THE NEW GILDED AGE (Part 2)
THE NEW GILDED AGE (Part 2)
04th February, 2021 0
Saginaw Mayor Brenda F. Moore will deliver a virtual State of the City address on Thursday, February 4, 2020 via Zoom beginning at 8:00 a.m. The annual event is hosted by the Saginaw County Chamber of Commerce. Anyone wishing to view the address and participate may do so for free, but registration is required. The event will also be streamed live on Facebook at facebook.com/SaginawChamber.
During her speech, Mayor Moore will provide an update on the City of Saginaw’s accomplishments for 2020 and future goals for 2021.
THE REVIEW is also presenting the full text of her address below
Good morning. I’d like to thank each of you for attending this very special 2021 State of the City - State of the County Address. And a special thanks to the Saginaw County Chamber of Commerce for hosting today’s event. With this being my first State of the City speech, this year is obviously very special for me. It’s unfortunate that we can’t all be together in the Dow Red Room, but we remain united in our hope for a brighter future and our belief that together we will move forward.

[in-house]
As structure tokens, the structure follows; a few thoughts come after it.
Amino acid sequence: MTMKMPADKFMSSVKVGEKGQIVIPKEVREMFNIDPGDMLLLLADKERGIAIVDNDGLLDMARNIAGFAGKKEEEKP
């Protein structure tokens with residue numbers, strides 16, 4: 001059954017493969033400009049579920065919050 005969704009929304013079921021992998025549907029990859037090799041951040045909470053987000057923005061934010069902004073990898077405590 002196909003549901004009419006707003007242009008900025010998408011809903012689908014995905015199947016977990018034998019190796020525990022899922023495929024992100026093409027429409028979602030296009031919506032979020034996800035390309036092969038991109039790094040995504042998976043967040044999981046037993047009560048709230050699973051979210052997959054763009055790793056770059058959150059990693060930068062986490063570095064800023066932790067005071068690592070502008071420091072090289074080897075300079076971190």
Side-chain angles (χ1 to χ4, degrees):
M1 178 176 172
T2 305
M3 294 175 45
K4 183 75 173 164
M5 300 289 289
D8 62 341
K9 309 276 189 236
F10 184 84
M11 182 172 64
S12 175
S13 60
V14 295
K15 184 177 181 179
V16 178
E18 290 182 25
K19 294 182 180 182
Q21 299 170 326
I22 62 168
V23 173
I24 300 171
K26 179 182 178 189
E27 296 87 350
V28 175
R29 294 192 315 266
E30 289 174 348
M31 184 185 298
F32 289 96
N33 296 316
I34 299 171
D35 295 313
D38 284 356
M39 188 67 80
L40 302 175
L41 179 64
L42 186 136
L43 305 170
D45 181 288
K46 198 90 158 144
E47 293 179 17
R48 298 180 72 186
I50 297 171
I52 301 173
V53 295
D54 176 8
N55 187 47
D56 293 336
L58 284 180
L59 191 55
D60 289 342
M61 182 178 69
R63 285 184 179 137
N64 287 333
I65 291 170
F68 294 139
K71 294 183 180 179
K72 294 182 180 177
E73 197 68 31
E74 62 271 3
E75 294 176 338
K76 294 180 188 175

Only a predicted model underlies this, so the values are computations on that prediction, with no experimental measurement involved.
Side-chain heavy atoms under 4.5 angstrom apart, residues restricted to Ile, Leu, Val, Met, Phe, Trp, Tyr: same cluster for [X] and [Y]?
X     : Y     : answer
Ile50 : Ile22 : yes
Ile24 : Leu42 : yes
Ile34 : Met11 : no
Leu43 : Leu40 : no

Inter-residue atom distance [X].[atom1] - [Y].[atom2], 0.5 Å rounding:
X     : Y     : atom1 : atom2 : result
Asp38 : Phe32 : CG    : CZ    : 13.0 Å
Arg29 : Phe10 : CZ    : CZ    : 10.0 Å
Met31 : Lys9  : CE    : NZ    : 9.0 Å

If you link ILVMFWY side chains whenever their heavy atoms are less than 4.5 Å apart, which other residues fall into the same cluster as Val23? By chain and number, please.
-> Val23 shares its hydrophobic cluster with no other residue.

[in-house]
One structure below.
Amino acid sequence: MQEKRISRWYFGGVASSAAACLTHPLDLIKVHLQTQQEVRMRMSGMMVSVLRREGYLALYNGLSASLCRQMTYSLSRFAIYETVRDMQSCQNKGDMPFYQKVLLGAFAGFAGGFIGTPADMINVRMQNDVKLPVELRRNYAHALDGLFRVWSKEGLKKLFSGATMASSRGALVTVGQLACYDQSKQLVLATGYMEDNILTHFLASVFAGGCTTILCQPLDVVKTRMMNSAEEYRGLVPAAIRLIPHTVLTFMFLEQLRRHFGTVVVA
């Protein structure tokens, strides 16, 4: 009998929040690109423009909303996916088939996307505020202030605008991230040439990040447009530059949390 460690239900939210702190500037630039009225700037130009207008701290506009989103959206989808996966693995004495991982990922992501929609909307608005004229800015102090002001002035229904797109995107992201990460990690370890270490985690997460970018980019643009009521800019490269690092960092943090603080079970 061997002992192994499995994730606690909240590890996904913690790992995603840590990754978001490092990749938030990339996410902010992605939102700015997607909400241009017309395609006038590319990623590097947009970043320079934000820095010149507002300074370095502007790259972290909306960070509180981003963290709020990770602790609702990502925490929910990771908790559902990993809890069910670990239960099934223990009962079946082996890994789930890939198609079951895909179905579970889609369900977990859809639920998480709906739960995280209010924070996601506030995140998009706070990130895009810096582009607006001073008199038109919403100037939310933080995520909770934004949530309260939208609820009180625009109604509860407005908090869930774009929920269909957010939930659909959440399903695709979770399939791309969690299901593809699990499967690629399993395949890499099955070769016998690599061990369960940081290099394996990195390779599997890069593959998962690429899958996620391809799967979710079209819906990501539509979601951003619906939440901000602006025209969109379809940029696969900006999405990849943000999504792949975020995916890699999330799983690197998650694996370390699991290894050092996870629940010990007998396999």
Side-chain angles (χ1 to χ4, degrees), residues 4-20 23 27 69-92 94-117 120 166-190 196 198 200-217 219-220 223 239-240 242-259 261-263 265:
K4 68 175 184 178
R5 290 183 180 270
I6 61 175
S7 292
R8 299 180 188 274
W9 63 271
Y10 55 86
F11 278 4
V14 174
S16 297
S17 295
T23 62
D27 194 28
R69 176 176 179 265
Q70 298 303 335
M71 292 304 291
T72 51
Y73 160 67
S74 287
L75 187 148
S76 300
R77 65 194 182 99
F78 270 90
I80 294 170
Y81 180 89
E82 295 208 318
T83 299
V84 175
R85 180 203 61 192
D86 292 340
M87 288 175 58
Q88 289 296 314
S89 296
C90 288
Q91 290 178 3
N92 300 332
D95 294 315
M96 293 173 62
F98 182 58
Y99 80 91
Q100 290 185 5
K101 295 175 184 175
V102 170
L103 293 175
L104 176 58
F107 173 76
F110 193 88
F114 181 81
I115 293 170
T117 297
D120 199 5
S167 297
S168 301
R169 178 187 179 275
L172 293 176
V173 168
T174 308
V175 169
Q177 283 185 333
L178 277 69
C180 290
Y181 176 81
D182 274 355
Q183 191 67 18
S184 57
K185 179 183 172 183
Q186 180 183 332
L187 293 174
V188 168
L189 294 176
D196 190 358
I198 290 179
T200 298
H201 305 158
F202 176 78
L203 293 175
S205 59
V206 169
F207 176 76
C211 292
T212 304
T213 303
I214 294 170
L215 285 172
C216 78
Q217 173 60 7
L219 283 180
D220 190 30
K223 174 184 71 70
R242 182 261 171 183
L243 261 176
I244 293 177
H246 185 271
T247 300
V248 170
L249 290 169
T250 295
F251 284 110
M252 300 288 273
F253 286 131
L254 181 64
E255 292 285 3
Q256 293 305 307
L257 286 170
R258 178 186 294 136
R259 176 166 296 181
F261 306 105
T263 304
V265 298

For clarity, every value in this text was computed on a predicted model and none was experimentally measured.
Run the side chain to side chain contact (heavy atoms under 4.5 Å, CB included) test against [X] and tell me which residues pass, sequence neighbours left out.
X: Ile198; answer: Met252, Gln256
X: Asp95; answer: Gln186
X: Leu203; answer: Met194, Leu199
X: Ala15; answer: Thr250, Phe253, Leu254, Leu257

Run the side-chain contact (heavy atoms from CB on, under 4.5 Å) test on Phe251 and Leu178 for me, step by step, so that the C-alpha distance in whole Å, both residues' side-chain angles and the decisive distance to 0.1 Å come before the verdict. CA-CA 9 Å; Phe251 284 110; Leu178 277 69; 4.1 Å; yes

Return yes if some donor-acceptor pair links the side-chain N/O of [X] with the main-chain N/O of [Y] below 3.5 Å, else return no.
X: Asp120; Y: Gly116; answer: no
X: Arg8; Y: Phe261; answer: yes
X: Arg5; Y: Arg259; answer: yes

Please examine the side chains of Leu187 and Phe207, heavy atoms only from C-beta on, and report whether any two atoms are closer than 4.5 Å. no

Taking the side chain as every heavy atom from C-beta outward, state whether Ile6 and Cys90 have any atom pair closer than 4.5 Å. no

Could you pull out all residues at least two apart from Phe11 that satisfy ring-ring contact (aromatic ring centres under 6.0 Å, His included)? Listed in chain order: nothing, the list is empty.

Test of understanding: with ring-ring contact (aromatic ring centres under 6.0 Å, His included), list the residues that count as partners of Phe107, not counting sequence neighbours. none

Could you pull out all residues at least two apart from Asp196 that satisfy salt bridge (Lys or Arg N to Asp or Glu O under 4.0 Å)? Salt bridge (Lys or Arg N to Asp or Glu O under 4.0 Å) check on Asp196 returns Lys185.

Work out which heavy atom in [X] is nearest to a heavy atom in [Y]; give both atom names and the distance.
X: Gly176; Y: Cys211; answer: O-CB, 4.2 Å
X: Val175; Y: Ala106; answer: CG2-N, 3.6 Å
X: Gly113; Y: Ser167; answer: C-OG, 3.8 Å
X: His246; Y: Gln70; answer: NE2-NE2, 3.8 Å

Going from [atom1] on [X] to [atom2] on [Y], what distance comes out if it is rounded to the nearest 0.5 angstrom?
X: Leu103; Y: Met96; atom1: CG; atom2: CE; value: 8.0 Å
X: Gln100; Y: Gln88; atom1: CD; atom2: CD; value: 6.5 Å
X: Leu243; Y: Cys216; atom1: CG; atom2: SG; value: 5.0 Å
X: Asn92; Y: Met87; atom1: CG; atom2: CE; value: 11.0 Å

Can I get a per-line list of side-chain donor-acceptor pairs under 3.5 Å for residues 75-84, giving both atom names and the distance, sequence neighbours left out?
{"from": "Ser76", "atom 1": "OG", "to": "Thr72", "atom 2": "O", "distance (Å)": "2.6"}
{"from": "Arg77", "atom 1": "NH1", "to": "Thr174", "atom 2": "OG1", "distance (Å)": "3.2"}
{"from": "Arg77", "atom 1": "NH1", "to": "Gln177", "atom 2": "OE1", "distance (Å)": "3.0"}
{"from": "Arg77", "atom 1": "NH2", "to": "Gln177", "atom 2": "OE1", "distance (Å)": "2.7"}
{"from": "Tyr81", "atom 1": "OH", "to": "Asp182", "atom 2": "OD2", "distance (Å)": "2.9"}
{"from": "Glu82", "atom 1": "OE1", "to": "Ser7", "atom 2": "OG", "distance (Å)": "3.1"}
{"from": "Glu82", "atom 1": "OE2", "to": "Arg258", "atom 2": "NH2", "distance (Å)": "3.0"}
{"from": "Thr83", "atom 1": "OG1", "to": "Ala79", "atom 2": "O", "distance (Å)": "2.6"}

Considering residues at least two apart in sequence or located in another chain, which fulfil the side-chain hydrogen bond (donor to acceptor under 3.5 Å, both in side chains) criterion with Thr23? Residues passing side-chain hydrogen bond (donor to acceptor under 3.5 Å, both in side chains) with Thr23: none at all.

Before I begin, I want to take a minute to acknowledge my fellow council members. I cannot say enough about this group. They have served you well during these challenging times, and I am confident their leadership will continue to move Saginaw forward. Mayor Pro Tem Michael Balls, Council Members Annie Boensch, Bill Ostash, Autumn Scherzer and Reggie Williams. I also want to acknowledge our newly elected members George Copeland, Michael Flores, Monique Lamar-Silvia. I must also recognize our City Manager, Tim Morales, and his management team.